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Thursday, September 03, 2015

Desperately Seeking Asylum

As a teenager I read Anne Frank's diary. Miep Gies was the quiet, unassuming heroine. It was she who successfully hid the Frank family, who travelled to several different suppliers daily to get food for the family (so as not to raise suspicion), who brought it to the family herself, at great personal risk. It was she, when the family were eventually captured, who went to try to bribe the officials, sadly unsuccessfully, to let the family go.

She died a few years ago at 100 years old, rightly celebrated as one of the world's greatest people.

Another hero, Nicholas Winton, who died earlier this year, rescued nearly 700 Jewish children, bound for certain death, and was dubbed "the British Schindler".

Speaking of Schindler, his great work was celebrated in novel and film format. Tears were wept at the amazing achievements of this man.

These are ordinary people, who did extraordinary things to save people whose lives were in danger. These are people who put their own lives at risk, by going against the regime at the time.

I know no-one (nor wish to) who thinks that the things these people did were unacceptable, or wrong, or anything less than incredible.

And yet, and yet...

As a country we seem unable to accept refugees who have lost everything, risked everything, escaped untold atrocities. There is no punishing regime threatening our deaths if we help these people. There are no physical consequences to our actions. No-one would be punished for taking an asylum seeker into their home. No-one would risk imprisonment, death camps, shootings.

And yet, and yet...

There is a fear that this "swarm" (David Cameron's words, not mine) will overrun Britain, stretching our healthcare system, stealing our jobs.

If you saw a young man lying by the road, clearly injured, would you really ask him his taxpayer status before doing everything you could to save his life? I have seen how stretched our healthcare system is. So let's fund it better. "I don't want to pay more tax," you might say. Fuck you.

Miep Gies, Nicholas Winton and Schindler risked their lives for other human beings. No-one is asking you to personally experience any discomfort whatsoever. Humanitarian response to crises is a tiny drop in the ocean of taxes we pay every day for things we probably don't really believe in or care about.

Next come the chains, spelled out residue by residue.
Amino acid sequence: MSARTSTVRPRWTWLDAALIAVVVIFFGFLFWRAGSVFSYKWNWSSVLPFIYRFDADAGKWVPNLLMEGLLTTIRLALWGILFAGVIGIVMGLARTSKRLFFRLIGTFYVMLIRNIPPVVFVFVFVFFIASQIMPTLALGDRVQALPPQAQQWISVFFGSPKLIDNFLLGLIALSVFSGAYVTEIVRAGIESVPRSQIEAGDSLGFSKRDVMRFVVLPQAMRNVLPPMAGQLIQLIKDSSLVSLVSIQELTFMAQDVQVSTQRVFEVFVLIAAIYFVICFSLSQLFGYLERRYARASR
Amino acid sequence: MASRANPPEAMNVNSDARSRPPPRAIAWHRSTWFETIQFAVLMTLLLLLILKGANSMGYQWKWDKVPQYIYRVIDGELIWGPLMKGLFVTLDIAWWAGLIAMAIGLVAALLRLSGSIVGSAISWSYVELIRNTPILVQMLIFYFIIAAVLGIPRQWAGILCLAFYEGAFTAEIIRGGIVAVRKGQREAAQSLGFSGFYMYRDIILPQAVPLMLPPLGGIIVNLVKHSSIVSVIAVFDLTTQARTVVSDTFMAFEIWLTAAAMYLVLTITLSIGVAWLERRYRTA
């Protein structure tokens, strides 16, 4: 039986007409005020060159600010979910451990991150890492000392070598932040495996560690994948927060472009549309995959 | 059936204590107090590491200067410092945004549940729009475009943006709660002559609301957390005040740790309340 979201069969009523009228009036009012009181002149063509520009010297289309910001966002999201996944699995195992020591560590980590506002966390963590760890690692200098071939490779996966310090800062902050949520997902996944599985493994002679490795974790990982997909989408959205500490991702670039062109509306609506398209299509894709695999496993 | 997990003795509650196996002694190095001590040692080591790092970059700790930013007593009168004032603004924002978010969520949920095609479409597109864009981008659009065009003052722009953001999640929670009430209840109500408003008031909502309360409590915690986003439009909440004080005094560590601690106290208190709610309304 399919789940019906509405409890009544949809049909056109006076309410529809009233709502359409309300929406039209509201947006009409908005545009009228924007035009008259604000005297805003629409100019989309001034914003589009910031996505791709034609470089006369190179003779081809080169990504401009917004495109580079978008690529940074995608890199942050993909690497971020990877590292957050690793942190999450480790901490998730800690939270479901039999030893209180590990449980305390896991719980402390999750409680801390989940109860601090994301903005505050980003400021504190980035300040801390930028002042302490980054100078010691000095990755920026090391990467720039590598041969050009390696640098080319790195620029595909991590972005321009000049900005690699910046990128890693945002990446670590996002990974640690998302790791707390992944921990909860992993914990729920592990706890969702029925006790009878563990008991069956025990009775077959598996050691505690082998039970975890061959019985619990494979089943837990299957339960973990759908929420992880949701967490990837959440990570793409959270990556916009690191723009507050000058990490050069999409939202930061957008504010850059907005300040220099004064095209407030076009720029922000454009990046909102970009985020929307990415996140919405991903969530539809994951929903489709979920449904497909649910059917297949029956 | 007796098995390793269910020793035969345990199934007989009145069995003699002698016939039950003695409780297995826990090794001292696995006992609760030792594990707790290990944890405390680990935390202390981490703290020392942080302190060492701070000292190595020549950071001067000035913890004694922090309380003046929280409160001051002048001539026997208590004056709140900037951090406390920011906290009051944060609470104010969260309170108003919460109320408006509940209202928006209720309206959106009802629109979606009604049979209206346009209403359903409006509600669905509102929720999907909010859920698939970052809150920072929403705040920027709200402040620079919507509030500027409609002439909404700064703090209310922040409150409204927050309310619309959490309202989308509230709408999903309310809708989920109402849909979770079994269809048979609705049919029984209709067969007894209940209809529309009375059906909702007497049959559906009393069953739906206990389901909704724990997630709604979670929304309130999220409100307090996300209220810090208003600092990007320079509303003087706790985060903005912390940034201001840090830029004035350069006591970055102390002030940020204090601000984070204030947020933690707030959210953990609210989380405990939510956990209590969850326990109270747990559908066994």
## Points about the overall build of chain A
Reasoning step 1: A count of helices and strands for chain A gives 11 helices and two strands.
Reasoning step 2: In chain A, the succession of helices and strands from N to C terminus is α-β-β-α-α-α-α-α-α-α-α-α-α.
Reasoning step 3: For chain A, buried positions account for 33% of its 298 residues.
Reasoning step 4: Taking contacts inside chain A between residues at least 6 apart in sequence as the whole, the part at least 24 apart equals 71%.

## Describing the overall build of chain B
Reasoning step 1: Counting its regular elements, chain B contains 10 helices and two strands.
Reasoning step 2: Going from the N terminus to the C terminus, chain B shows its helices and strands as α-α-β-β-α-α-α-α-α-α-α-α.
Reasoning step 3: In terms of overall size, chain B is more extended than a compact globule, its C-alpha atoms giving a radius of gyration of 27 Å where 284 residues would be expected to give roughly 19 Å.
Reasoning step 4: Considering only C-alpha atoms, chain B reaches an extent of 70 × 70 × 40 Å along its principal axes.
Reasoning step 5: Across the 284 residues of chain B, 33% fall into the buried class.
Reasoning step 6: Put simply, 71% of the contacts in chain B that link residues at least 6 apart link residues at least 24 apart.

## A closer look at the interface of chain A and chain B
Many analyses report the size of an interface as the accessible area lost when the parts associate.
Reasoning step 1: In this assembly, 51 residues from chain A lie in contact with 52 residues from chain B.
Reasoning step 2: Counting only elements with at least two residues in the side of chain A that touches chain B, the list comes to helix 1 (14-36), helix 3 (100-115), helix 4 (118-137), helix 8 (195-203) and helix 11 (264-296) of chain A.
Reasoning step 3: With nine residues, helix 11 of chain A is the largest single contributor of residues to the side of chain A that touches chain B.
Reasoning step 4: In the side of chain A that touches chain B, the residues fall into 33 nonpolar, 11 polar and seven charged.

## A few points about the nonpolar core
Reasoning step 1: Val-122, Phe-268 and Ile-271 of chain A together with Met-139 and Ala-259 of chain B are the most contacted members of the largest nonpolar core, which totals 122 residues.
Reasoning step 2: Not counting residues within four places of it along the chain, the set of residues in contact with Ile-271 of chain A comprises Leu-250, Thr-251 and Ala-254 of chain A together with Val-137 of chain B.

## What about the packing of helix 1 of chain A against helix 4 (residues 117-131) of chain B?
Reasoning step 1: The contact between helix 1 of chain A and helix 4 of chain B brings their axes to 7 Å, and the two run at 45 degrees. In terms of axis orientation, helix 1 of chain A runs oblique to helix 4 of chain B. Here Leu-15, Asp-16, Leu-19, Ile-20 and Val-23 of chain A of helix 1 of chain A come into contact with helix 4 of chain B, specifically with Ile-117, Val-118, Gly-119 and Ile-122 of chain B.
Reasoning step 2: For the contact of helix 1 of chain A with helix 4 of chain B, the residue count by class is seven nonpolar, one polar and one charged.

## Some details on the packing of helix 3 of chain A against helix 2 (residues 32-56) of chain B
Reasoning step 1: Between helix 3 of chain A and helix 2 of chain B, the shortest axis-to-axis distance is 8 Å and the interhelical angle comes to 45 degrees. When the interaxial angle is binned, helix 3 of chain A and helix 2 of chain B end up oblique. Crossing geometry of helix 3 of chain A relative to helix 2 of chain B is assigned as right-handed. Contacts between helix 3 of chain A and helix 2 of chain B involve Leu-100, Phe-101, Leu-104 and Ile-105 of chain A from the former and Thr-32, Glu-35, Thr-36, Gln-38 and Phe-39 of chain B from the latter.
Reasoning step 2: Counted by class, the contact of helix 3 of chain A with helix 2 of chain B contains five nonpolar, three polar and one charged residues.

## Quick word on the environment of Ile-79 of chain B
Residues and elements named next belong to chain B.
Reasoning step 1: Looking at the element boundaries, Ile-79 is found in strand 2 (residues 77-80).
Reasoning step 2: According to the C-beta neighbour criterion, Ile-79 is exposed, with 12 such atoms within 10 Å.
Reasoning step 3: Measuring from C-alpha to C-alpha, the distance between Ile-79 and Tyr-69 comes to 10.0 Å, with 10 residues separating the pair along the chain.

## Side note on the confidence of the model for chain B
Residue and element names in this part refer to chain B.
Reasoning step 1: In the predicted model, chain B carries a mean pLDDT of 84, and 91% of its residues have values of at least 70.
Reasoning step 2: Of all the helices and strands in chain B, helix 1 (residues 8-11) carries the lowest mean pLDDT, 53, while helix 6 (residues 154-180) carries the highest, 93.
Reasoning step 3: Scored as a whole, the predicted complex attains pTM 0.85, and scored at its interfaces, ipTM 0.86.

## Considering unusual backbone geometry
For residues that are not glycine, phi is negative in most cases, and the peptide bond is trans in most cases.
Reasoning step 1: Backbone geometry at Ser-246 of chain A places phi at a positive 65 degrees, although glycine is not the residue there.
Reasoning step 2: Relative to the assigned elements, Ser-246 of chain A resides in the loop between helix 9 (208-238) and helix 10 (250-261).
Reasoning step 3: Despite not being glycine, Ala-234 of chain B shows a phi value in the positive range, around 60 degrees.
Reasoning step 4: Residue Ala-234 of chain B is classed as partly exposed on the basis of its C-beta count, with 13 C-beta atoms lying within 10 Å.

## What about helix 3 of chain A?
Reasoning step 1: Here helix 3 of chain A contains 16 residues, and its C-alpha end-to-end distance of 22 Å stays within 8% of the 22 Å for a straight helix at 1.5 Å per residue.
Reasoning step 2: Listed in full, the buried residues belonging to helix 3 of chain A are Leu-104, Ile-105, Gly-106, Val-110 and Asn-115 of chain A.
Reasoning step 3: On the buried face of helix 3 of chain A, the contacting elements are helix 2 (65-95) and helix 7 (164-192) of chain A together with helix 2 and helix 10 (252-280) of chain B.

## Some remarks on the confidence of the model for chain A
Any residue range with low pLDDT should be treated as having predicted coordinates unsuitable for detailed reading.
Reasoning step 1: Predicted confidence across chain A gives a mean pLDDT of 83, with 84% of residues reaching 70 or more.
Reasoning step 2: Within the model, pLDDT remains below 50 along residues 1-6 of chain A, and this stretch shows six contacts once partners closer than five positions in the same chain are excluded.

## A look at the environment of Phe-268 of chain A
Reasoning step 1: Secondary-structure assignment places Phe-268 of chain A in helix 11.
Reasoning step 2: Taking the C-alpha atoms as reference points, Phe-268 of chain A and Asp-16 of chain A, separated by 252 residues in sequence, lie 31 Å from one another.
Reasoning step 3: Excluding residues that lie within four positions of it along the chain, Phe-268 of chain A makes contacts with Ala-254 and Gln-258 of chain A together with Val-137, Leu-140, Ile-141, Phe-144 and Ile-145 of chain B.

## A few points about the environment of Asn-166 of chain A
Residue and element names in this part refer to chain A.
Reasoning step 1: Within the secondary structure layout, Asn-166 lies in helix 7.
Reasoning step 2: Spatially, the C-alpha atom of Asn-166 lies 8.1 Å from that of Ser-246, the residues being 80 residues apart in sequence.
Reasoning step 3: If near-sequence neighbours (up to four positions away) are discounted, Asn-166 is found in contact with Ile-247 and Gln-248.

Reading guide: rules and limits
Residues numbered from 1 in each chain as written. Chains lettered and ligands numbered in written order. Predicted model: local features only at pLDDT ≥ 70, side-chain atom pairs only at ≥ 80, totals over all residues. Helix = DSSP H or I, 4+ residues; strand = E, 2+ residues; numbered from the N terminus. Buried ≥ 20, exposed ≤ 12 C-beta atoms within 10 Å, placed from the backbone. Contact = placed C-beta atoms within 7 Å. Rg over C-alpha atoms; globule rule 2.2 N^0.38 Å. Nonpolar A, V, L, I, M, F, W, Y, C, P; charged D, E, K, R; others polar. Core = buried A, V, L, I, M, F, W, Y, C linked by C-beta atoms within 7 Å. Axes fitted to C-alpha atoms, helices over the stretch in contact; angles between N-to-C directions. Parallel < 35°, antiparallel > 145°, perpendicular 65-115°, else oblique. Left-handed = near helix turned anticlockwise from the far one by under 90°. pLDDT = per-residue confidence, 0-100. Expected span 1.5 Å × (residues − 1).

I once worked for a large financial institution that made literally billions of pounds in profit every year. It was considering moving one of its offices from London to Scotland. Despite the fact that this deal greatly benefited the company (Scotland is cheaper for staff salaries), the firm took a whacking (and I mean whacking) grease-the-wheels payment from the government as the Scottish government was trying to stimulate jobs in the area at that time. This was all above board (details are in the public domain)... though you can imagine the company didn't shout about it. Who benefited ultimately? The massive financial institution and its shareholders. That is what your taxes are paying for.

I bet most of us have sponsored a colleague for £10 or £20 to do something like running a marathon for a worthy cause. Almost all of us have had a cheeky takeaway or expensive round of drinks. It's hardly a sacrifice to spend an extra few quid to help people whose entire existence - their homes, their families, their children - has been destroyed.

And as for stealing jobs, firstly depending on their refugee or asylum seeker status, they may not be permitted to work. Even assuming they can work... well, that's great, isn't it? If they work, they will be paying tax. And how bad at your job do you have to be before you're replaced by someone for whom English is a second language and who only arrived in the country yesterday?

Perhaps we can't all be Miep Gies. But perhaps some of us could open our homes - our spare rooms - to refugees, to support them for a little while until they are able to support themselves. If we can't, then perhaps we could begrudge a few extra pounds of tax each year?

But in order to do that, first these people have to be allowed to arrive here. Sign this - right now.

And here are some other practical things you can do.

I loved the idea of the Amazon wishlist, but it looks like that is currently fulfilled (though worth checking back). A donation to the Red Cross seems a good place to start.

Please stop sharing pictures of dead kids on social media and thinking you've done your bit. Or wringing your hands and saying "how terrible" without doing anything.

History will remember those who helped - those who made some personal sacrifice. And it will also remember those - like the Nazis - who caused human misery, like those who that those people were somehow "other" and deserved it. Or those who felt they somehow deserved their "luck" of being born somewhere where they have the right skin colour and belief system. History will remember you too. Make sure you're being remembered for the right reasons.

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